Marshall v. General Motors LLC

Filing 39

MEMORANDUM AND ORDER granting in part and denying in part 29 Defendant's Motion for Summary Judgment. Signed by District Judge John W. Lungstrum on 11/14/2017. (ses)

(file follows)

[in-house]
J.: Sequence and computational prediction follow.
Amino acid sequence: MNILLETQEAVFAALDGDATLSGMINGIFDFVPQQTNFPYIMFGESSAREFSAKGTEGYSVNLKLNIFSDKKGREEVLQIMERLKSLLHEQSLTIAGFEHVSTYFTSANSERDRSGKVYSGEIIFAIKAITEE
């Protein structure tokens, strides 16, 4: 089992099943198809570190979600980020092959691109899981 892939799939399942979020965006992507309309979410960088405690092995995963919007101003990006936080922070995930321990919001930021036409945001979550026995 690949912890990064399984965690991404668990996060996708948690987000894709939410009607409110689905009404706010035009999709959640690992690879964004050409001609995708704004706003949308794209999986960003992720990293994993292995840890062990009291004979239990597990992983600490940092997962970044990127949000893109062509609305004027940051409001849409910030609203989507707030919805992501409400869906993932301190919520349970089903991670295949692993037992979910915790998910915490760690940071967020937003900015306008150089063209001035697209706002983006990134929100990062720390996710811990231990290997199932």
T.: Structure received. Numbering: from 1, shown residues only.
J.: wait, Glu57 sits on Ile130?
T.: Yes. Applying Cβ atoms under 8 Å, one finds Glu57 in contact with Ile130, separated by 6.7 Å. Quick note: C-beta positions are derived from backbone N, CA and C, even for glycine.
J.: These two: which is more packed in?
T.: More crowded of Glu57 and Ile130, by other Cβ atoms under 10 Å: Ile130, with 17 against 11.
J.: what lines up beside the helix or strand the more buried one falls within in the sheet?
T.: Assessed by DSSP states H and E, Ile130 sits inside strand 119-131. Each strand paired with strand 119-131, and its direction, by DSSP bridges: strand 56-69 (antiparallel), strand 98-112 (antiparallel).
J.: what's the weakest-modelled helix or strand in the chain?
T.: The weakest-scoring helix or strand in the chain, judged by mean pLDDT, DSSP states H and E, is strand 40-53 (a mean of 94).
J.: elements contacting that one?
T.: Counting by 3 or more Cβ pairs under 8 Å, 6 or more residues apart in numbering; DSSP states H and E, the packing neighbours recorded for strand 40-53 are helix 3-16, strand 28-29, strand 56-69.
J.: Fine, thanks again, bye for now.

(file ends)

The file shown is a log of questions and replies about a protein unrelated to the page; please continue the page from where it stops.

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IN THE UNITED STATES DISTRICT COURT DISTRICT OF KANSAS Cleatus Marshall, Plaintiff, v. Case No. 16-cv-2651-JWL General Motors LLC, Defendant. MEMORANDUM & ORDER Plaintiff filed this lawsuit against his employer, General Motors LLC (“GM”), alleging that GM demoted plaintiff from a supervisory position to a non-supervisory position on the basis of his race. Plaintiff’s race discrimination claim is asserted under both Title VII of the Civil Rights Act of 1964, 42 U.S.C. § 2000e et seq., and 42 U.S.C. § 1981. Plaintiff further alleges that GM demoted him from a supervisory position to a non-supervisory position in retaliation for plaintiff’s engaging in protected activity. Plaintiff’s retaliation claim is asserted under Title VII. This matter is presently before the court on defendant’s motion for summary judgment (doc. 29). As will be explained, the motion is granted with respect to plaintiff’s race discrimination claim and is denied with respect to plaintiff’s retaliation claim.1 In the pretrial order, plaintiff also sets forth a failure-to-promote claim based on GM’s failure to promote plaintiff to a regular, salaried group leader position by December 2014. Defendant moved for summary judgment on that claim and plaintiff has failed to address that claim in his response. This aspect of defendant’s motion, then, is granted as unopposed. 1 I. Facts The following facts are uncontroverted, stipulated in the pretrial order, or related in the light most favorable to plaintiff as the nonmoving party. Plaintiff Cleatus “Skip” Marshall, an African-American male, has been employed with defendant General Motors LLC since 1995, when he began working as an hourly employee at defendant’s automobile assembly plant in Janesville, Wisconsin. In 2009, the Janesville plant closed and plaintiff transferred to defendant’s automobile assembly plant in the Fairfax district of Kansas City, Kansas. He has been employed at the Fairfax plant since August 2009. In December 2013, plaintiff became a “per diem” group leader. A per diem group leader is an hourly employee assigned to manage 30 to 40 hourly employees. Per diem group leaders may be terminated at the end of any shift on any day upon notice by management, but generally a per diem group leader assignment lasts at least 12 months. Prior to his selection, plaintiff submitted a resume and interviewed with Jean Manning and Danean Myers, both of whom were operations managers in the plant’s quality department. Both Ms. Manning and Ms. Myers are Caucasian. Plaintiff was offered and accepted the per diem group leader position and was assigned to the Quality Department on the third shift. As a per diem group leader, plaintiff did not receive regular or periodic written performance evaluations. When plaintiff began his per diem assignment, he reported directly to Ms. Myers. The record does not reflect any performance-related issues that plaintiff had while working under Ms. Myers’ supervision and plaintiff’s personnel file contains no documentation of any performance deficiencies during the time period he was supervised by Ms. Myers. In July 2014, plaintiff began reporting to Ms. Manning. Ms. Myers did not inform Ms. Manning of any 2 deficiencies in plaintiff’s work performance. At that time, Ms. Manning supervised approximately 10 to 12 group leaders across three shifts, three of whom, including plaintiff, were African-American. The record contains no evidence of any performance deficiencies during the first seven months that plaintiff worked under Ms. Manning’s supervision. Moreover, in December 2014, plaintiff’s per diem assignment was extended for an additional 12 months and, in January 2015, plaintiff was selected to assist GM’s Wentzville plant during a slow period at the Fairfax plant. Plaintiff worked at the Wentzville plant for approximately three weeks. In February 2015, Ms. Manning had a discussion with plaintiff regarding “VTIMs,” which are jobs that are not properly processed by the driver on the CARE line. The CARE line is the final inspection station in the assembly process. Ms. Manning memorialized the discussion by writing that “it was obvious [plaintiff] did not understand the process,” and that she had explained the process to him as well as the need to address the team member who had not properly processed the job. 2 The parties dispute whether this discussion was a one-on-one discussion between Ms. Manning and plaintiff or whether the discussion was a broader group discussion between Ms. Manning and other group leaders. Ms. Manning avers that this discussion occurred solely between herself and plaintiff. Plaintiff recalls only that Ms. Manning discussed VTIM issues with all group leaders. In any event, plaintiff agrees that as a group leader he would have some responsibility for addressing a team member’s failure to properly process jobs. Approximately two weeks later, in late February 2015, Ms. Manning documented While Ms. Manning’s notes regarding this discussion are not signed by Ms. Manning or plaintiff, she avers that that she created her notes contemporaneously with the events described therein. 2 3 another incident in which plaintiff “[r]an out of Israeli export bags,” which are utilized to wrap cars for overseas shipping and that he failed to remedy the situation by arranging for more to be ordered, causing the line to operate without the bags. It is unclear from the record whether Ms. Manning discussed this issue with plaintiff. Regardless, these are the first two performance issues documented by Ms. Manning in the first seven months of her supervision of plaintiff. During a cross-shift meeting on March 3, 2015, plaintiff was giving an end-of-shift report and discussed an incident in which a representative of the plant medical department had mistakenly contacted Edward Tyree, another African-American group leader, rather than plaintiff to report on the status of one of plaintiff’s assigned employees. After plaintiff explained the situation and the apparent mistaken identity, Ms. Manning laughed and said: “Well, all you black guys look alike.” Ms. Manning testified that her comment was directed toward the person who had seemed to confuse plaintiff with Mr. Tyree, noting that individual’s apparent inability to distinguish between two African-American supervisors.3 Plaintiff testified that he felt humiliated by the comment, in part because Ms. Manning was laughing when she said it and then other members of management laughed in response. At the end of the meeting, plaintiff approached Ms. Manning and told her that he found her comment to be “derogatory.” Ms. Manning testified that she apologized to plaintiff at that time. Plaintiff testified that Ms. Manning merely stated that the comment “was a joke” and walked away without apologizing to him. 3 Ms. Manning recalled that the individual who had mistaken Mr. Tyree for plaintiff had actually entered the meeting and misidentified plaintiff at the meeting. 4 On March 23, 2015, Ms. Manning documented a discussion she had with plaintiff about the Business Plan Development (“BPD”) board not being up to date and about team leaders failing to complete Safety Observation Tour cards, for which plaintiff had responsibility. One week later, on March 30, 3015, plaintiff reported Ms. Manning’s March 3, 2015 comment to Tiffany Brigman, a salaried personnel representative at the plant. One week after plaintiff’s report, on April 7, 2015, Ms. Manning was issued a verbal counseling for making the comment. After she received a verbal counseling, Ms. Manning apologized to plaintiff for the comment. In May 2015, plaintiff was involved in an on-the-job dispute with Michael Peck, a Caucasian group leader. The dispute began when Mr. Peck stated that plaintiff’s deficient leadership had contributed to plaintiff’s shift failing a recent audit. During the discussion, Mr. Peck became visibly agitated, shouted profanities at plaintiff, and ultimately “chest bumped” plaintiff. Plaintiff reported the incident to Ms. Brigman and Ms. Manning. Ms. Manning responded to the incident by moving plaintiff to a different area within the quality department. Ms. Brigman responded by verbally counseling Mr. Peck (who denied any physical contact with plaintiff) and advising him that future incidents would result in more severe discipline. Shortly after the dispute, plaintiff went on paternity leave. When he returned to the plant, he sent an email dated July 16, 2015 to Rita Derencius, the plant personnel director, in which he pressed defendant to take action against Mr. Peck and questioned Mr. Peck’s continued employment with defendant and defendant’s commitment to its “zero tolerance” policy with respect to workplace violence. Plaintiff then met with Ms. Manning, Ms. Brigman, Rick Hinzpeter (Ms. Manning’s supervisor), and Ms. Derencius about the incident and defendant’s response to it. Ultimately, a memorandum was placed in Mr. Peck’s file requiring Mr. Peck to participate in a 5 conflict management webinar and to initiate an Employee Assistance Program counseling session. In the meantime, Ms. Manning continued to document issues relating to plaintiff’s job performance, including plaintiff’s alleged inability to understand various systems and processes; weak audit results; failure to execute a Performance Improvement Plan, and reluctance to hold hourly employees accountable for their work. In September 2015, plaintiff counseled Lisa Harris, an employee under his supervision, after she made mistakes relating to the entry of defects into a computer program utilized to track defects on the assembly line. On October 19, 2015, Ms. Manning, during an audit, was made aware of additional mistakes that Ms. Harris had made. Ms. Manning talked to plaintiff about the results of the audit and his failure to address Ms. Harris’s performance appropriately. During this discussion, plaintiff told Ms. Manning that he believed she was “targeting” him in retaliation for his March 2015 report to Ms. Brigman about Ms. Manning’s race-based comment. After meeting with Ms. Manning, plaintiff put Ms. Harris “on notice” of formal discipline for continuing to make errors with regard to the entry of defects into the computer program. As an hourly employee, Ms. Harris was entitled to a disciplinary interview before the assessment of formal discipline pursuant to paragraph 76(a) of the collective bargaining agreement. In his two years as a per diem group leader, plaintiff had never participated in a “76(a) interview” or assessed discipline against employees for anything other than attendance-related violations. Prior to conducting the 76(a) interview with Ms. Harris, plaintiff had a discussion with Tim Wells, another manager within the quality department, who reviewed the process for negotiating a disciplinary penalty with plaintiff. Mr. Wells suggested that plaintiff write up a draft of the 6 disciplinary notice. Plaintiff asserts that he asked Mr. Wells for help, but Mr. Wells refused to provide it. During the 76(a) interview on October 26, 2015, Ms. Harris’s union representative requested documentation of Ms. Harris’s mistakes. Plaintiff did not have the documentation and spent 30 minutes looking for pertinent documents but could not find them. A labor relations representative present during the interview advised Ms. Manning that the interview was “the worst” he had witnessed. Mr. Wells advised Ms. Manning that it was “very unusual” that plaintiff had not issued any discipline for shop rules violations during his two years as a supervisor. Mr. Wells told Ms. Manning that plaintiff seems “resistant to disciplining hourly employees” and had a “very strong hourly mentality when it comes to accomplishing tasks in his day to day function.” After the 76(a) interview, Ms. Manning consulted with Mr. Hinzpeter as well as Ms. Brigman and Ms. Derencius. Ms. Manning recommended that plaintiff be removed from his group leader position. Management agreed with that recommendation and plaintiff was notified of that decision on November 5, 2015. In that notification, defendant asserted that it was returning plaintiff to his prior position as a Team Member in the body shop as a result of “continued performance issues” including “resistance/hesitant/not capable of assessing discipline to hourly employees” and repeated audits indicating that one of his team members was not entering defects into the computer system properly. Additional facts will be provided as they relate to the specific arguments raised by the parties in their submissions. 7 II. Summary Judgment Standard “Summary judgment is appropriate if the pleadings, depositions, other discovery materials, and affidavits demonstrate the absence of a genuine issue of material fact and that the moving party is entitled to judgment as a matter of law.” Water Pik, Inc. v. Med–Systems, Inc., 726 F.3d 1136, 1143 (10th Cir. 2013) (quotation omitted); see Fed. R. Civ. P. 56(a). A factual issue is genuine “if the evidence is such that a reasonable jury could return a verdict for the nonmoving party.” Water Pik, Inc., 726 F.3d at 1143 (quotation omitted). “The nonmoving party is entitled to all reasonable inferences from the record; but if the nonmovant bears the burden of persuasion on a claim at trial, summary judgment may be warranted if the movant points out a lack of evidence to support an essential element of that claim and the nonmovant cannot identify specific facts that would create a genuine issue.” Id. at 1143-44. III. Race Discrimination Claim In the pretrial order, plaintiff asserts that defendant removed plaintiff from the per diem group leader position and returned him to a non-supervisory position on the basis of his race.4 Plaintiff concedes that he has no direct evidence of discrimination, and his claim is therefore analyzed using the burden-shifting framework set forth in McDonnell Douglas Corp. v. Green, 411 U.S. 792 (1973). See Daniels v. United Parcel Serv., Inc., 701 F.3d 620, 627 (10th Cir. 2012). Under McDonnell Douglas, plaintiff has the initial burden of establishing a prima facie Plaintiff’s discrimination claim is asserted under both Title VII and § 1981. The court applies the same standards and burdens to plaintiff’s § 1981 claim as it applies to plaintiff’s Title VII claim. Crowe v. ADT Servs., Inc., 649 F.3d 1189, 1194 (10th Cir. 2011); Aramburu v. Boeing Co., 112 F.3d 1398, 1403 n.3 (10th Cir. 1997). 4 8 case of discrimination. Id. To set forth a prima facie case of discrimination, plaintiff must establish “(1) membership in a protected class and (2) an adverse employment action (3) that took place under circumstances giving rise to an inference of discrimination.” Id. (citing EEOC v. PVNF, LLC, 487 F.3d 790, 800 (10th Cir. 2007)). If he establishes a prima facie case, the burden shifts to defendant to assert a legitimate, nondiscriminatory reason for the adverse employment action. Id. If defendant meets this burden, summary judgment against plaintiff is warranted unless he introduces evidence “that the stated nondiscriminatory reason is merely a pretext for discriminatory intent.” Id. (citing Simmons v. Sykes Enters., 647 F.3d 943, 947 (10th Cir. 2011)). Defendant, for purposes of its motion, concedes that plaintiff can establish a prima facie case of race discrimination concerning his removal from the per diem group leader position. Defendant moves for summary judgment solely on the grounds that plaintiff cannot demonstrate that defendant’s legitimate, non-discriminatory reason for removing plaintiff from the group leader position is pretextual. According to defendant, it removed plaintiff from the group leader position because plaintiff’s performance did not meet the expectations of plant management, particularly Ms. Manning. Defendant has carried its “exceedingly light” burden to articulate a legitimate, nondiscriminatory reason for plaintiff’s demotion. See Carter v. Pathfinder Energy Servs., Inc., 662 F.3d 1134, 1149 (10th Cir. 2011). The burden of proof, then, shifts back to plaintiff to show that defendant’s proffered reason is pretextual. Evidence of pretext “may take a variety of forms,” including evidence tending to show “that the defendant’s stated reason for the adverse employment action was false” and evidence tending to show “that the defendant acted contrary to a written company policy prescribing the 9 action to be taken by the defendant under the circumstances.” Id. at 1150 (quoting Kendrick v. Penske Transp. Servs., Inc, 220 F.3d 1220, 1230 (10th Cir. 2000)). A plaintiff may also show pretext with evidence that the defendant had “shifted rationales” or that it had treated similarly situated employees differently. Crowe v. ADT Servs., Inc., 649 F.3d 1189, 1197 (10th Cir. 2011). In essence, a plaintiff shows pretext by presenting evidence of “weakness, implausibility, inconsistency, incoherency, or contradiction in the employer’s stated reasons, such that a reasonable jury could find them unconvincing.” Debord v. Mercy Health System of Kansas, Inc., 737 F.3d 642, 655 (10th Cir. 2013). In determining whether the proffered reason is pretextual, the court examines “the facts as they appear to the person making the decision, not as they appear to the plaintiff.” Id. The court does not “ask whether the employer’s proffered reasons were wise, fair or correct” but only whether “the employer honestly believed those reasons and acted in good faith upon those beliefs.” Id. The court analyzes plaintiff’s pretext evidence below. Plaintiff first asserts that Ms. Manning’s “racially derogatory” remark demonstrates her animus toward African-Americans. Because the remark, while undoubtedly inappropriate, can only be characterized as a “stray remark” under Tenth Circuit precedent, it cannot support an inference of race discrimination. See Hysten v. Burlington N. Santa Fe Ry. Co., 415 Fed. Appx. 897, 911 (10th Cir. Mar. 16, 2011) (statements made by decisionmakers unrelated to the decisional process are “stray remarks” that are insufficient to establish bias). The comment was made nearly eight months before the demotion decision. See Wagoner v. Pfizer, Inc., 391 Fed. Appx. 701, 708 (10th Cir. Aug. 12, 2010) (allegedly age-related remark insufficient to establish pretext in part because remark was made approximately nine months prior to termination 10 decision) (citing Antonio v. Sygma Network, Inc., 458 F.3d 1177, 1184 (10th Cir. 2006)). And while the remark was made by a decisionmaker, the uncontroverted facts demonstrate that three other individuals in addition to Ms. Manning were involved in the decision to remove plaintiff from the per diem group leader position. Plaintiff does not suggest that these other individuals—Mr. Hinzpeter, Ms. Brigman or Ms. Derencius—bore any animus against him specifically or African-Americans in general. Moreover, there is no evidence that Ms. Manning made any other remarks related to race at any time. The remark, then, is an isolated one. Finally, the court notes that, while certainly not dispositive, Ms. Manning participated in the decision to hire plaintiff for the per diem group leader. This fact bolsters the conclusion that Ms. Manning’s isolated remark, in light of the totality of the circumstances, does not support an inference of discrimination. Plaintiff also asserts that defendant’s “practice” of hiring African-Americans as per diem group leaders as opposed to regular salaried group leaders provides an inference of race discrimination.5 The court rejects this argument. The evidence in the record is insufficient to establish a “practice” of hiring African-Americans as per diem group leaders rather than salaried group leaders and, more importantly, that any such practice suggests an inference of race discrimination. To begin, there is no evidence in the record concerning how and why defendant decided to hire a “per diem” group leader as opposed to a regular, salaried group leader. There is no evidence as to whether these decisions were based on need or a particular employee’s qualifications or experience, or any other reason among the myriad reasons an employer might 5 According to plaintiff, per diem group leaders can be more easily removed from those positions while regular salaried group leaders cannot be terminated without extensive performance discussions and the completion of a Performance Improvement Plan. 11 have for making such decisions. There is no evidence in the record about who made the hiring decisions in question. Without that information, no reasonable jury could conclude that defendant’s hiring practices suggest an inference of race discrimination. Moreover, although plaintiff contends that defendant hired four African-American “per diem” group leaders in the quality department over a three-year period and hired four Caucasian “regular” group leaders over the same period, plaintiff’s evidence demonstrates that at least two of the Caucasian group leaders were initially hired on a “contract basis” and only later became salaried group leaders. Similarly, two of the African-American “per diem” group leaders ultimately became regular salaried group leaders. Because of the significant gaps in plaintiff’s evidence concerning defendant’s hiring “practices,” that evidence does not permit an inference of discrimination. Next, plaintiff argues that defendant, in connection with its investigation of the Mike Peck incident, neglected the accounts of African-American witnesses to the incident. Despite plaintiff’s use of the plural “witnesses,” plaintiff’s evidence on this point concerns only one African-American employee, Clayton Crout. But plaintiff’s evidence does not establish or even suggest that Mr. Crout’s account of the incident was neglected or ignored. According to the evidence, Ms. Brigman, on June 10, 2015, learned that Mr. Crout might have witnessed the incident and she asked Richard Welc, a labor relations representative, to interview Mr. Crout. The record reflects that Mr. Welc interviewed Mr. Crout on June 11, 2015. There is no evidence that Ms. Brigman realized prior to June 10, 2015 that Mr. Crout had witnessed the incident and yet decided not to interview him about that incident. Rather, the evidence reflects only that Mr. Crout was interviewed within one day of management’s realization that he may have witnessed the incident. Moreover, Mr. Welc’s documentation of the interview with Mr. Crout reveals that 12 Mr. Crout’s assessment of the incident was consistent with defendant’s initial conclusions—that is, Mr. Crout reported that he did not see any physical contact between Mr. Peck and plaintiff. No inference of discrimination is permitted under these circumstances.6 Finally, plaintiff contends that a reasonable jury could infer that defendant’s asserted dissatisfaction with plaintiff’s performance is unworthy of belief. Specifically, plaintiff highlights that he had no performance-related deficiencies while working for Ms. Myers; that Ms. Manning’s notes are “dubious at best” and do not necessarily reflect that Ms. Manning had discussions with plaintiff or disciplined plaintiff for performance-related issues; and that no performance issues were documented prior to Ms. Manning’s race-based remark. Ms. Myers’ perception of plaintiff’s performance is not relevant in determining pretext; a proper challenge of pretext considers the facts as they appear to the person making the decision, in this case Ms. Manning. See Metzler v. Federal Home Loan Bank, 464 F.3d 1164, 1176 & n.5 (10th Cir. 2006) (differences in the evaluation of an employee’s performance do not establish a genuine issue on pretext because different supervisors may impose different standards); Kendrick v. Penske Transp. Servs., Inc., 220 F.3d 1220, 1231 (10th Cir.2000); Richardson v. Gallagher, 553 Fed. Appx. 816, 825 (10th Cir. Jan. 29, 2014) (fact that plaintiff in the past performed in an 6 While it is not clear from his submissions, plaintiff may be alleging that Ms. Brigman discounted the version of events described by Andre Hobson, the African-American team leader who intervened in the dispute between Mr. Peck and plaintiff. Mr. Hobson apparently reported to Ms. Brigman, while plaintiff was on paternity leave, that he observed physical contact between the two men in the form of a “chest bump.” But Mr. Hobson’s report was made two weeks after the incident and after Ms. Brigman had already counselled Mr. Peck over the incident. Rather than discounting Mr. Hobson’s report, she simply determined that additional discipline beyond what had occurred was not warranted. Moreover, the court cannot conclude that defendant neglected the accounts of African-American employees because Ms. Brigman clearly sought out Mr. Crout to obtain his statement as to what occurred between plaintiff and Mr. Peck. 13 exemplary manner not pertinent); Eilam v. Children’s Hosp. Ass’n, 1999 WL 176128, at *4 (10th Cir. Mar. 31, 1999) (positive prior performance does not establish that later unsatisfactory performance evaluation is pretextual). Moreover, as noted earlier, Ms. Manning avers that she created her notes contemporaneously with the events described therein and plaintiff does not otherwise assert how the notes are “dubious.” While plaintiff is correct that the notes do not suggest that Ms. Manning always counseled or disciplined plaintiff about a particular issue that she documented, plaintiff directs the court to no evidence suggesting that Ms. Manning was required to do so or that her failure to do so contravened Ms. Manning’s regular practice. And while plaintiff is correct that he did not receive any disciplinary action or notification in his personnel file of any performance issues prior to Ms. Manning’s race-based remark in early March 2015, the record does reflect that Ms. Manning, on two occasions, documented performance-related issues concerning plaintiff prior to March 2015.7 While the court has addressed (and rejected) separately the pieces of circumstantial evidence that plaintiff claims demonstrate a pretextual explanation for his demotion, the court’s inquiry is not at an end. The ultimate question on summary judgment for purposes of this case is whether plaintiff has presented sufficient evidence such that there is a genuine issue of material fact concerning whether plaintiff’s race actually motivated defendant’s decision to remove plaintiff from the group leader position. This question “cannot be answered by looking at the plaintiff’s evidence in a piecemeal manner.” Voltz v. Coca–Cola Enterprises Inc., 2004 WL 100507, at *9 (10th Cir. 2004). Rather, the court must consider whether plaintiff’s In any event, plaintiff’s argument concerning the timing of Ms. Manning’s remark seems misplaced in the context of plaintiff’s discrimination claim (as opposed to plaintiff’s retaliation claim perhaps). 7 14 evidence, taken as a whole, is sufficient to show pretext. Simms v. Oklahoma ex rel. Dep’t of Mental Health & Subs. Abuse Servs., 165 F.3d 1321, 1331 (10th Cir. 1999) (noting that the court, in pretext analysis, “must” consider circumstantial evidence in its totality). Ultimately, the court concludes that the facts of this case, viewed in the light most favorable to plaintiff, do not give rise to an inference of pretext in the context of plaintiff’s discrimination claim. Plaintiff, then, has failed to meet his burden of demonstrating pretext and summary judgment in favor of defendant is warranted on plaintiff’s claim of race discrimination. IV. Retaliation Claim Plaintiff also asserts in the pretrial order that defendant removed him from the per diem group leader position and returned him to a non-supervisory position in retaliation for his complaints that he had been subjected to racial discrimination and retaliation.8 The court assesses plaintiff’s retaliation claim under the McDonnell Douglas framework. Daniels v. United Parcel Serv., Inc., 701 F.3d 620, 638 (10th Cir. 2012). To state a prima facie case for retaliation, plaintiff “must show (1) he engaged in protected opposition to discrimination, (2) a reasonable employee would have considered the challenged employment action materially adverse, and (3) a causal connection existed between the protected activity and the materially adverse action.” Id. (quoting Hinds v. Sprint/United Mgmt. Co., 523 F.3d 1187, 1202 (10th Cir. 2008)). If plaintiff presents a prima facie case of retaliation, then defendant must respond with a legitimate, nonretaliatory reason for the challenged action. Debord v. Mercy Health Sys. of 8 Despite the fact that 42 U.S.C. § 1981 encompasses claims of retaliation, see CBOCS West, Inc. v. Humphries, 553 U.S. 442, 457 (2008), the pretrial order suggests that plaintiff is asserting his retaliation claim only under Title VII. 15 Kansas, Inc., 737 F.3d 642, 656 (10th Cir. 2013). Plaintiff, then, must show that defendant’s stated reason is pretextual. Id. In its motion for summary judgment, defendant contends that summary judgment is warranted on plaintiff’s retaliation claim because the evidence viewed in the light most favorable to plaintiff demonstrates that he did not engage in protected opposition to discrimination and, in any event, he cannot establish a causal connection between any protected activity and the decision to remove plaintiff from the group leader position. Defendant further argues that the record evidence is insufficient to permit a reasonable jury to conclude that defendant’s proffered reason for plaintiff’s termination is pretextual. As will be explained, the court denies summary judgment on plaintiff’s retaliation claim in light of material factual issues that must be resolved at trial. In his submissions, plaintiff contends that he engaged in protected activity on three occasions: Plaintiff’s March 30, 2015 report to Ms. Brigman concerning Ms. Manning’s racebased remark; plaintiff’s July 16, 2015 email to Ms. Derencius in which he complained about a “hostile and stressful work environment” based on the Mike Peck situation; and plaintiff’s October 19, 2015 verbal complaint to Ms. Manning in which he told her that she was targeting him in retaliation for his March 2015 report. In its motion for summary judgment, defendant contends that plaintiff cannot establish that his March 30, 2015 report constitutes protected activity because no reasonable person would have believed that Ms. Manning’s isolated remark constituted discrimination in violation of federal law. See Hertz v. Luzenac Am., Inc., 370 F.3d 1014, 1015–16 (10th Cir. 2004) (plaintiff need not prove actual violation of Title VII but only a “reasonable good-faith belief” that the conduct was prohibited by Title VII). 16 In support of its argument, defendant relies primarily on Clark County School District v. Breeden, 532 U.S. 268 (2001), in which the Supreme Court held that no reasonable person could have believed that a “single incident” violated Title VII. The facts of Breeden are not analogous to this case. In Breeden, two men and one woman met to review applications for a job opening. The woman read aloud a sexually explicit comment contained in one application and the two men “chuckled.” Id. at 269. The Court determined that because the “ordinary terms and conditions of [the woman’s] job required her to review the sexually explicit statement in the course of screening” job applications and that she “conceded that it did not bother or upset her to read the statement in the file,” the isolated incident was not so severe as to constitute harassment. Id. at 271. Here, plaintiff’s evidence demonstrates that his non-African-American supervisor, in the presence of other non-African-American members of management, made a race-based remark directed at plaintiff during a work meeting and that plaintiff was embarrassed and humiliated by the remark. Breeden, then, is not persuasive to the court. Moreover, contrary to defendant’s suggestion, “opposition clause claims grounded in isolated comments are not always doomed to summary judgment.” See EEOC v. Rite Way Serv., Inc., 819 F.3d 235, 24243 (5th Cir. 2016) (one sexually explicit comment made by supervisor and directed at plaintiff was sufficient to require jury resolution of “reasonable belief” question); Alexander v. Gerhardt Enters., Inc., 40 F.3d 187, 195–96 (7th Cir. 1994) (finding that district court did not clearly err in finding that plaintiff reasonably believed that a single racial slur was racially offensive and violated the law); Corcoran v. City of Chicago, 2015 WL 1345545, at *5 (N.D. Ill. Mar. 23, 2015) (jury could conclude that plaintiff’s report of a single racial slur made by supervisor was based upon a reasonable good-faith belief that the slur constituted discrimination). 17 A reasonable person, unfamiliar with the law, could have believed that Ms. Manning’s remark was discriminatory given the specific context. Defendant is not entitled to summary judgment on this issue. See Duran v. LaFarge North America, Inc., 855 F. Supp. 2d 1243 (D. Colo. Jan. 9, 2012) (“The Court finds that it is reasonable for an individual without legal training to believe that the use of a racial slur in the workplace, even if it was an isolated incident . . . violates Title VII.”). Plaintiff’s October 19, 2015 verbal complaint to Ms. Manning also constitutes protected activity for purposes of plaintiff’s prima facie case. With respect to this complaint, defendant contends only that plaintiff cannot “bootstrap” his prior unprotected complaint into a second, protected one. But because the court has concluded that, for summary judgment purposes, plaintiff’s first complaint was protected, this argument necessarily fails.9 Defendant next asserts that summary judgment is appropriate because plaintiff cannot establish a causal connection between any protected activity and defendant’s decision to remove plaintiff from the group leader position. In support of this argument, defendant focuses on the eight-month gap between plaintiff’s initial complaint about Ms. Manning’s remark and his removal from the group leader position. But this argument ignores plaintiff’s October 19, 2015 verbal complaint to Ms. Manning in which he alleged that Ms. Manning was targeting him in 9 The court does agree, however, that plaintiff cannot establish that his July 19, 2015 email to Ms. Derencius constitutes protected activity. That email does not mention retaliation or race discrimination or any other possible violation of Title VII. While the email does allege that plaintiff believed he had been subjected to a “hostile and stressful work environment,” the email does not indicate that the alleged hostile environment was based on anything other than defendant’s handling of the Mike Peck situation, including the fact that Mr. Peck was permitted to keep working at the plant after the incident and, as a result, plaintiff saw Mr. Peck at work every day. In sum, the “hostile environment” alleged by plaintiff stemmed from what plaintiff perceived as defendant’s deficient response to a “workplace violence” issue rather than from any alleged violation of Title VII. The July 19, 2015 email, then, cannot form the basis of plaintiff’s retaliation claim. 18 retaliation for his March 2015 report. That complaint was made less than three weeks prior to the demotion decision. Because a causal connection may be established through evidence of a close temporal proximity between the protected conduct and the adverse action, see Fye v. Okla. Corp. Comm’n, 516 F.3d 1217, 1228 (10th Cir. 2008) (holding that close temporal proximity of two weeks between protected activity and termination was “alone sufficient to establish a causal connection”); Argo v. Blue Cross & Blue Shield of Kan., Inc., 452 F.3d 1193, 1202 (10th Cir. 2006) (holding that close temporal proximity of twenty-four days between plaintiff’s complaint and his termination was sufficient to establish a causal connection), plaintiff’s evidence is sufficient to establish the requisite connection. Because plaintiff has satisfied his burden of establishing a prima facie case of retaliation, the court turns to plaintiff’s evidence of pretext.10 Viewed in the light most favorable to plaintiff, the evidence is sufficient to permit a reasonable jury to conclude that defendant’s proffered reason is unworthy of belief. Ms. Manning did not document any deficiencies with respect to plaintiff’s employment during the first seven months that he worked under her direct supervision. During this period, plaintiff’s per diem assignment was extended for additional 12 months and he was selected to assist GM’s Wentzville plant. There is no indication that Ms. Manning perceived any issues with plaintiff’s performance during this extended period of time. According to plaintiff’s evidence, he confronted Ms. Manning about her race-based remark on March 3, 2015. After that time, Ms. Manning’s documentation of plaintiff’s performance issues escalated significantly. In fact, while the record reflects only two instances 10 As noted earlier, defendant has carried its burden of articulating a legitimate reason for its decision—plaintiff’s performance did not meet the expectations of plant management. 19 of performance-related documentation between July 2014 and late February 2015, Ms. Manning documented more than a dozen performance-related issues between the time plaintiff confronted her about her remark and the decision to return him to a non-supervisory position. A jury, then, could reasonably conclude that Ms. Manning’s criticisms of plaintiff’s performance escalated in response to his complaint. In addition, the record reflects that Ms. Manning began to document issues that did not necessarily bear on plaintiff’s performance, including notations about her apology to plaintiff for the remark and the fact that she had “apologized earlier”; times when plaintiff called into work to indicate that he would not be coming to work; plaintiff’s decision to extend his paternity leave; and plaintiff’s request for a status update on the Peck investigation. A reasonable jury could conclude, based on the absence of these types of notations prior to plaintiff’s complaint, that Ms. Manning was “papering” plaintiff’s file in an effort to justify removing him from the group leader position in light of his complaint about her remark. For the foregoing reasons, plaintiff’s claim that defendant removed him from the group leader position in retaliation for plaintiff’s protected activity must be resolved by a jury. IT IS THEREFORE ORDERED BY THE COURT THAT defendant’s motion for summary judgment (doc. 29) is granted in part and denied in part. IT IS SO ORDERED. 20 Dated this 14th day of November, 2017, at Kansas City, Kansas. s/ John W. Lungstrum John W. Lungstrum United States District Judge 21